We always meet at night, our voices hushed and footsteps soft against the sand. The waves crash and shush us, as if I need a reminder this time. It's not like I'm actually saying anything— we're sitting on the beach with the moon casting a gentle light on our bare feet. He's got a glass of wine in his hands and our legs are so close, they're nearly intertwined. He's watching the water and I'm trying not to watch him. A wedding reception buzzes above us in the restaurant on the side of the mountain. Traditional Greek music is muted but still it hums, cushioning the inevitable silence between us.

It's been three humid summer months of us meeting in this spot. It started at a bar one faithless night, when the speakers cut out and the whole place erupted into song and next thing I knew, I had my arms draped around this model-esque man and swayed and he asked me what I'm drinking and all I said in a drunken stupor is, "Whatever tastes like you."

A few drinks later, we end up outside and the night slowly morphed into day and I kiss his neck while he's smoking a cigarette. Then he hits me with, "No one knows I'm gay, and I'd like to keep it that way."

And it's okay, right? I left it at that but for three days, he took over my thoughts like a parasite, like tar coating my lungs. I've met plenty of tourists in my time living on the island— being a local and working at a bed and breakfast has molded me into an unofficial go-to tour guide. You want cheap, traditional food that tastes like an elderly Greek woman crafted each dish by hand? A good club with tasty drinks that doesn't close until 4am? A beach that isn't completely littered by other tourists? I'm your guy.

That's just the business of it— tourists come and go, but this one seemed to waltz into my mind and turn on all of the lights.

I spotted him three nights later at the same bar. I teased him for drinking alone on a Tuesday. He pointed out that I was, too.

He had a sketchbook out and he told me he's a designer, here on a summer holiday to seek inspiration without the buzz of the tabloids but all he could do lately is think of me. I told him I've been there once or twice. The evening aged finely and we reached the water to talk nonsense while the sun sinks into the horizon; we talk sensuality, sexuality, and my fingers trace his hands like I want to memorize every bend and turn.

We agree to meet here again and I should've known from the very first drag that he's a man of habit, and I'm the tobacco.

"Say something," the deep French accent urges and brings me back to Earth. He nudges me with the hand that caresses his glass of wine.

I look away immediately. The feeling inside of me is bubbling, brewing like a kettle of hot water. The clock has been ticking all summer and that's nothing new to me but I swear, I feel it crawling under my skin as each second passes. It makes me itch. I tug at the sleeves of my linen shirt to pull them over my hands.

"It's just cold," I mutter.

And I wish I didn't feel the way I do. I wish I could go back and tweak a few things between us, take back certain words I had said in a feeble attempt at seeming cool enough to be talking to some French fashion designer five years my senior. He has this way of making me feel like a child— immature, prone to mistakes, giddy, full of love and life. I wish I hadn't told him I was okay with just meeting at night, that I knew this wouldn't go anywhere because France would inevitably ring its bell to call him for supper and I'd be stuck here, where the sunsets are almost as breathtaking as my sobs in the middle of the night when I have no one to hold.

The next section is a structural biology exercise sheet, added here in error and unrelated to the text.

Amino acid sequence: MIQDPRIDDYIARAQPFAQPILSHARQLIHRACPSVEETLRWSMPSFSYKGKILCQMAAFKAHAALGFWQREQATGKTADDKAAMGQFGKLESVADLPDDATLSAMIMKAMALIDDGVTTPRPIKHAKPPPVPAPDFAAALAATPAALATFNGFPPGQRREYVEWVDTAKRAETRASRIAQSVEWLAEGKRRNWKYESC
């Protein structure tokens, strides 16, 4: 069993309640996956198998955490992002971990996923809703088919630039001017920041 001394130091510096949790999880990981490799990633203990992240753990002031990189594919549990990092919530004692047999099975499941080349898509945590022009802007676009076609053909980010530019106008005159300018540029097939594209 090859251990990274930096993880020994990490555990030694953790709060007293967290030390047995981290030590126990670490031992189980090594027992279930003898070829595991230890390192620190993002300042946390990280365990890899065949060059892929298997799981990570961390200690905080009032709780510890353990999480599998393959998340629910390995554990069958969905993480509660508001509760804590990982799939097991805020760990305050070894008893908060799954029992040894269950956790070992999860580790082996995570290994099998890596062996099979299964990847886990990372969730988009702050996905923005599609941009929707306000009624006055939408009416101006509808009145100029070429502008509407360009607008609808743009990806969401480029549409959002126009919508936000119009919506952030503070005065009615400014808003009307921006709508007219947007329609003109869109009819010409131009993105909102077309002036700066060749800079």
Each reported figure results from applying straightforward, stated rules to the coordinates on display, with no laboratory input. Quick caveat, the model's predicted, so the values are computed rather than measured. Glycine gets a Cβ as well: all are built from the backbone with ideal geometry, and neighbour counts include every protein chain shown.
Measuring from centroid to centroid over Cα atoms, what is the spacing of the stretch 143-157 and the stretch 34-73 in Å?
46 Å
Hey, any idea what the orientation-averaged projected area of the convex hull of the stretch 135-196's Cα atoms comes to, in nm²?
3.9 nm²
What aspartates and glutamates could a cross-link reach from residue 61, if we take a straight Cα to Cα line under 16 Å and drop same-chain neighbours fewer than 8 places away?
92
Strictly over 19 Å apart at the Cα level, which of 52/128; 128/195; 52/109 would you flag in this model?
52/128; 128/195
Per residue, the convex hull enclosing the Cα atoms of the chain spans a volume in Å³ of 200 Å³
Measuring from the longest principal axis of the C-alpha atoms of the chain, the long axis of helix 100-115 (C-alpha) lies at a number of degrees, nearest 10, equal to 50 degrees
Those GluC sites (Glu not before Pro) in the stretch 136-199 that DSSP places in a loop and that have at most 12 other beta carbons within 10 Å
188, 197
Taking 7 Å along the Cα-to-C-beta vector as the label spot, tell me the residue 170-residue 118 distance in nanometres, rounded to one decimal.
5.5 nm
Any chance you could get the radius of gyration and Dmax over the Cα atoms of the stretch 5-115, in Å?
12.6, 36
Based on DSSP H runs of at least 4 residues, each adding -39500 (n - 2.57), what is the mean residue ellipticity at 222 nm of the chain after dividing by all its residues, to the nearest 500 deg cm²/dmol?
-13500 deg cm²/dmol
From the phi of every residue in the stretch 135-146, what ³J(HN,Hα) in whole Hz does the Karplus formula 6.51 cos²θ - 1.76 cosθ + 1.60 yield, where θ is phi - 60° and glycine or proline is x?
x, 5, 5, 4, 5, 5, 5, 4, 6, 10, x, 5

So of course, when he kissed me one night on the beach and his lips moved down my jaw and he asked if it was cool if we kept doing this in secret, I told him "No, it's cool," because that's what I was supposed to do, right? He keeps me at a distance and it's only a matter of time before the rubber band snaps.

Like a sucker, I'd come back to this exact spot and find myself falling farther and farther. We would talk, we wouldn't talk, I'd go home and cry like it was some cruel routine and I tried everything in my power not to let this happen. The nights only piled and here we are now, at the brim of the jar and my hands are full with feelings I didn't mean to catch.

"Keep going." He leans back all arrogantly, his gaze unwavering as if he invented that shade of hazel. He sips at his wine.

"I don't know what you're expecting me to say," I retort as I slowly turn away from him.

"I expect nothing."

"How do you say bullshit in French?"

He laughs like he knows something I don't, like he's dangling it over my head. Just out of my reach. He's always so out of reach.

"I'm just sad to see the summer go," I state, my voice small. I can hear him smile.

"Was that so hard? I just want you to be honest with me," he insists. I scoff.

"You're one to talk about honesty." I pick up sand and watch it fall between my fingers steadily.

I feel him gently beckon for my attention, his fingertips brushing against the back of my arm. "If you're going to be accusatory, mon amour, at least look at me–"

I whip around to face him. With my hands on his shoulders, gripping like it'll somehow provide me with a sense of direction and his face inches from mine, I scream three words soaked in frustration and anger: "I love you."

The music cuts.

The waves settle.

He doesn't reply. He smirks like the devil.

A pathetic laugh exits my lips and my hands fall to the sand. 

"Isn't that the worst thing you've ever heard?"

September 06, 2019 15:12

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